Any feedback would be most welcome:
When I started out in university, I chose to study accounting. It was the path of least resistance for me as someone who was always good at math and used to thinking about things logically and in terms of set, defined parameters. I cannot remember why I decided to attempt to study theatre, but I very clearly remember the day I made the decision. The change of major form at my university asked us the reason for our switch. My response was that theatre was difficult. It was something that I had to work hard to do. As a person who was used to puzzles and numbers, my body and my voice were things I was not in the habit of using. I welcomed the challenge. My training in theatre since then has always been that the unknown is the place in which I should live. I must have soaked up the essence of this very early on, because something enabled me to jump into this uncharted world of art and performance and never look back.
My first theatre teacher was a professor of voice. I have always considered myself extremely fortunate to have first worked with someone whose approach to theatre was as organic as hers. Working with her, the goal was always to speak the truth at any given moment: to always be honest in everything. The story, and theatre is storytelling, was always primary, and honest communication was the best way to tell the story. I continued studying voice for the rest of my time at university, and also attended Canada's National Voice Intensive in 2002. While still at university, I was given the opportunity to direct two full-length shows. I also started teaching my own voice classes while attending school. Directing shows and teaching classes changed something inside of me. Teaching became something I wanted to do; something at which I excelled. There is something about assisting others toward their potential that makes me feel like I belong: it makes me positive that teaching is what I want to be doing the rest of my life. I still direct shows and coach voice and dialect at Cal State Pomona, and I love doing it, but it isn't enough. I want to do more.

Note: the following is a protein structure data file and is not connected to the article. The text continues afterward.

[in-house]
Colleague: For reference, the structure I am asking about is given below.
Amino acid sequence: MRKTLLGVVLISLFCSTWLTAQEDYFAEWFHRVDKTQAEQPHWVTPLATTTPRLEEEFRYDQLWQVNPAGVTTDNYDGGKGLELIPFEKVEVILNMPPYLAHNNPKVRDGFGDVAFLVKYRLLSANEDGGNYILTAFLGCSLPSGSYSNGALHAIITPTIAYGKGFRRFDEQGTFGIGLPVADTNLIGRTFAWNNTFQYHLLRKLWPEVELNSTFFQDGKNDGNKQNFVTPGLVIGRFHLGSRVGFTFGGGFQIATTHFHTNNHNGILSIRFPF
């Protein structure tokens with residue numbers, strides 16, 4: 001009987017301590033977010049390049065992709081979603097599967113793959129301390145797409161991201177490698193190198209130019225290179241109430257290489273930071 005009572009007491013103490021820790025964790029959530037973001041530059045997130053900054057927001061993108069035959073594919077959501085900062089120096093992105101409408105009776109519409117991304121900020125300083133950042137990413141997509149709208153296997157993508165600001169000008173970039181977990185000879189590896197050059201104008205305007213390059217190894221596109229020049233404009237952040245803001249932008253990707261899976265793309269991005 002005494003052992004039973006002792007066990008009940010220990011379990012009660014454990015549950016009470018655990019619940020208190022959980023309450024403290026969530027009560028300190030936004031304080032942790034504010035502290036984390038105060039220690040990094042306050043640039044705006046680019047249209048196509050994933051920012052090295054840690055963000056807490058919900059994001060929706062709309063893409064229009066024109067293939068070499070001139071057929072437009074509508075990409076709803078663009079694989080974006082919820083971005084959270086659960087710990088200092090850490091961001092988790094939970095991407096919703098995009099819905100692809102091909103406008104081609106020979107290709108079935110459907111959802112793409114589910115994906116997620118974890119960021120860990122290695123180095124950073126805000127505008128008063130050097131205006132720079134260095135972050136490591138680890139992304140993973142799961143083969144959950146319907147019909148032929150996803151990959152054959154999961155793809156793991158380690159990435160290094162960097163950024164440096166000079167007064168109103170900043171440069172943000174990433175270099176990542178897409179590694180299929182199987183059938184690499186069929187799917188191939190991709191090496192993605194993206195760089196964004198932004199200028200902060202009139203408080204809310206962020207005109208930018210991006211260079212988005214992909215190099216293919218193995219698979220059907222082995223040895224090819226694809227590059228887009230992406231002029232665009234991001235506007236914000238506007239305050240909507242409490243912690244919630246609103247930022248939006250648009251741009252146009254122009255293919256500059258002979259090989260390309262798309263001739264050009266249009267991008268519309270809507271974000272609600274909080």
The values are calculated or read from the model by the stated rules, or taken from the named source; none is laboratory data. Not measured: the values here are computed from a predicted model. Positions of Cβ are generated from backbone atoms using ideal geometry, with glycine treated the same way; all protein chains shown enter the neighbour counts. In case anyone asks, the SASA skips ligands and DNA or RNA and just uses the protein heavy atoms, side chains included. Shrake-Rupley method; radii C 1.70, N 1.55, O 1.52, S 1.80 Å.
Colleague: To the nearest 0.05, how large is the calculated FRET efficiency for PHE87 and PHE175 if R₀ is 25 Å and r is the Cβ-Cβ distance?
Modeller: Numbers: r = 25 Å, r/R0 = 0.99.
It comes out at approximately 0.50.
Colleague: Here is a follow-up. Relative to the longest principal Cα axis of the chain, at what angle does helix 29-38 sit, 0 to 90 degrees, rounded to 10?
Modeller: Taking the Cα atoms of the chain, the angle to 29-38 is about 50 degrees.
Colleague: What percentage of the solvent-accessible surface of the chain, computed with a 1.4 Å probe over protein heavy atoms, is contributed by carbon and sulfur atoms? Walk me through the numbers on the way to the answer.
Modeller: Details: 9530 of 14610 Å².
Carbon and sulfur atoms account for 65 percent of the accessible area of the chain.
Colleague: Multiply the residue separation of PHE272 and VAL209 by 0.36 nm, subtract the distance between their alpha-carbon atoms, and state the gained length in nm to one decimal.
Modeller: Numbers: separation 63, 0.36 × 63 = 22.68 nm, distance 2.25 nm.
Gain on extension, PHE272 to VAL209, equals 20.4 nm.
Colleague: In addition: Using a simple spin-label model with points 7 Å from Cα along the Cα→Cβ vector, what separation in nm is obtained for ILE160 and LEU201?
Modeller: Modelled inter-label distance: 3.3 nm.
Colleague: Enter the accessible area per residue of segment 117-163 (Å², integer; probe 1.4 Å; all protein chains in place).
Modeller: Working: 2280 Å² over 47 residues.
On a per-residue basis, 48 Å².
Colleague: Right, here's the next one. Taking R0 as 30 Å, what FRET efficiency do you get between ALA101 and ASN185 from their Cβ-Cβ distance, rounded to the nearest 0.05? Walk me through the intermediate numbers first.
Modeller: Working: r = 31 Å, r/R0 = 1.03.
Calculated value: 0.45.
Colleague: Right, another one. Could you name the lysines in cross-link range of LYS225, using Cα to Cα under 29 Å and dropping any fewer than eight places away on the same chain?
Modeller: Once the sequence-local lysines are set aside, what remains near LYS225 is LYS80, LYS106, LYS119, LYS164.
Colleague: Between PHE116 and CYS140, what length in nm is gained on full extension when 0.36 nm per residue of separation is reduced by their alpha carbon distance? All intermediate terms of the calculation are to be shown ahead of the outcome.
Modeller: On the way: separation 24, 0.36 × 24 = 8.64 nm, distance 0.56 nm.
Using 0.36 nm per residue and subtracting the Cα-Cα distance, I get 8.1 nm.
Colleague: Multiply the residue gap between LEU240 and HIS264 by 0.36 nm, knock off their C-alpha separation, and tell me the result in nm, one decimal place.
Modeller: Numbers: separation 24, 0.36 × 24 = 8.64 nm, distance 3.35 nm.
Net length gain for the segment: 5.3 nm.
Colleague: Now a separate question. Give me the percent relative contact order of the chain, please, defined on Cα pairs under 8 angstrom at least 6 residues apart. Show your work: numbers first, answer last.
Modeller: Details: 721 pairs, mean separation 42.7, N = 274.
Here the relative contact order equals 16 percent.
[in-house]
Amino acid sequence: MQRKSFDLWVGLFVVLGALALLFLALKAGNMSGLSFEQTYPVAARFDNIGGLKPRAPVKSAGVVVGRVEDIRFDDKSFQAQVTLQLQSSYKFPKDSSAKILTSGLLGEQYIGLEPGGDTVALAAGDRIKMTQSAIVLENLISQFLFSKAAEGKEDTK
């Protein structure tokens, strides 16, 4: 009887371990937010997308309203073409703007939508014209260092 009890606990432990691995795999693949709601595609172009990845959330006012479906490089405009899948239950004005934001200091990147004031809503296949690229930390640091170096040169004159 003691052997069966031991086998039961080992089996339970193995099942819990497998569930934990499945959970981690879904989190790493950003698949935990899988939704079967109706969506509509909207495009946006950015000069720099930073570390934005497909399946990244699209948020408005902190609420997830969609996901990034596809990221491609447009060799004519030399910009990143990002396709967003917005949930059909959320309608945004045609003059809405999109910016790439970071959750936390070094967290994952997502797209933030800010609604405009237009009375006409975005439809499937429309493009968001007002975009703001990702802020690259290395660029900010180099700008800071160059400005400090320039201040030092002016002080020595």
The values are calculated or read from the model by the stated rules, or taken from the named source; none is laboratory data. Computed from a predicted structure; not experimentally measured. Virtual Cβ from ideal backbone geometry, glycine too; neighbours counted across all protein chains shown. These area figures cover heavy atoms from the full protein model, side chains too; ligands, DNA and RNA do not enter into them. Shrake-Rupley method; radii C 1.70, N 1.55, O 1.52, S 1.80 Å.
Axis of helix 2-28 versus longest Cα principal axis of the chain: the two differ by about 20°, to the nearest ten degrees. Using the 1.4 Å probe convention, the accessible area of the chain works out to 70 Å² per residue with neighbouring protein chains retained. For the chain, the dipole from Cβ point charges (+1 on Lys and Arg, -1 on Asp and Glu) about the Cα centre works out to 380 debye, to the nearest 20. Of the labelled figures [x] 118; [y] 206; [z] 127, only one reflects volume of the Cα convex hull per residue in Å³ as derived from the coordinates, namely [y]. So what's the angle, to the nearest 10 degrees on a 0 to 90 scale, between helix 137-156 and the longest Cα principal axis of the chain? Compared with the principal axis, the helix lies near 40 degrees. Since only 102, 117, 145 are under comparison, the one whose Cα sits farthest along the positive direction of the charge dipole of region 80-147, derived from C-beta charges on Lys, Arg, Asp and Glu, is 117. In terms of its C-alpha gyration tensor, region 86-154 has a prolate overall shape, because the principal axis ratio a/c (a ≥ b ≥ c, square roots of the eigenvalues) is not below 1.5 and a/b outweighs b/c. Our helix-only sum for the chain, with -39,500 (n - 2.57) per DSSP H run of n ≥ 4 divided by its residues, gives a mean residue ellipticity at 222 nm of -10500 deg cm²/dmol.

Graduate study is a means to an end for me. But the means is just as important as the end. I want these next five years in graduate school to change me as much as the last five years of my life have changed me. I am confident that graduate school will do just that. Graduate school is a path into the unknown, and the unknown is where I want to live. I want to be molded and changed. I have strong ideas about theatre, performance and the arts, and I want to be in an environment where these ideas can be challenged and studied. Most importantly, I want to surround myself with other theatre students and scholars with whom I can discuss ideas, test theories, and from whom I can learn.
I want to teach on the university level: to have an impact on young actors, directors, and other students of theatre. But most importantly, I feel that my education in theatre must continue and I know that I cannot do that on my own. Studying on the graduate level is something I have been thinking about for a very long time. It is what comes next in my path as an artist-no longer the path of least resistance. This is the subsequent logical step in my growth as a theatre teacher, an artist in my community, and a student of life.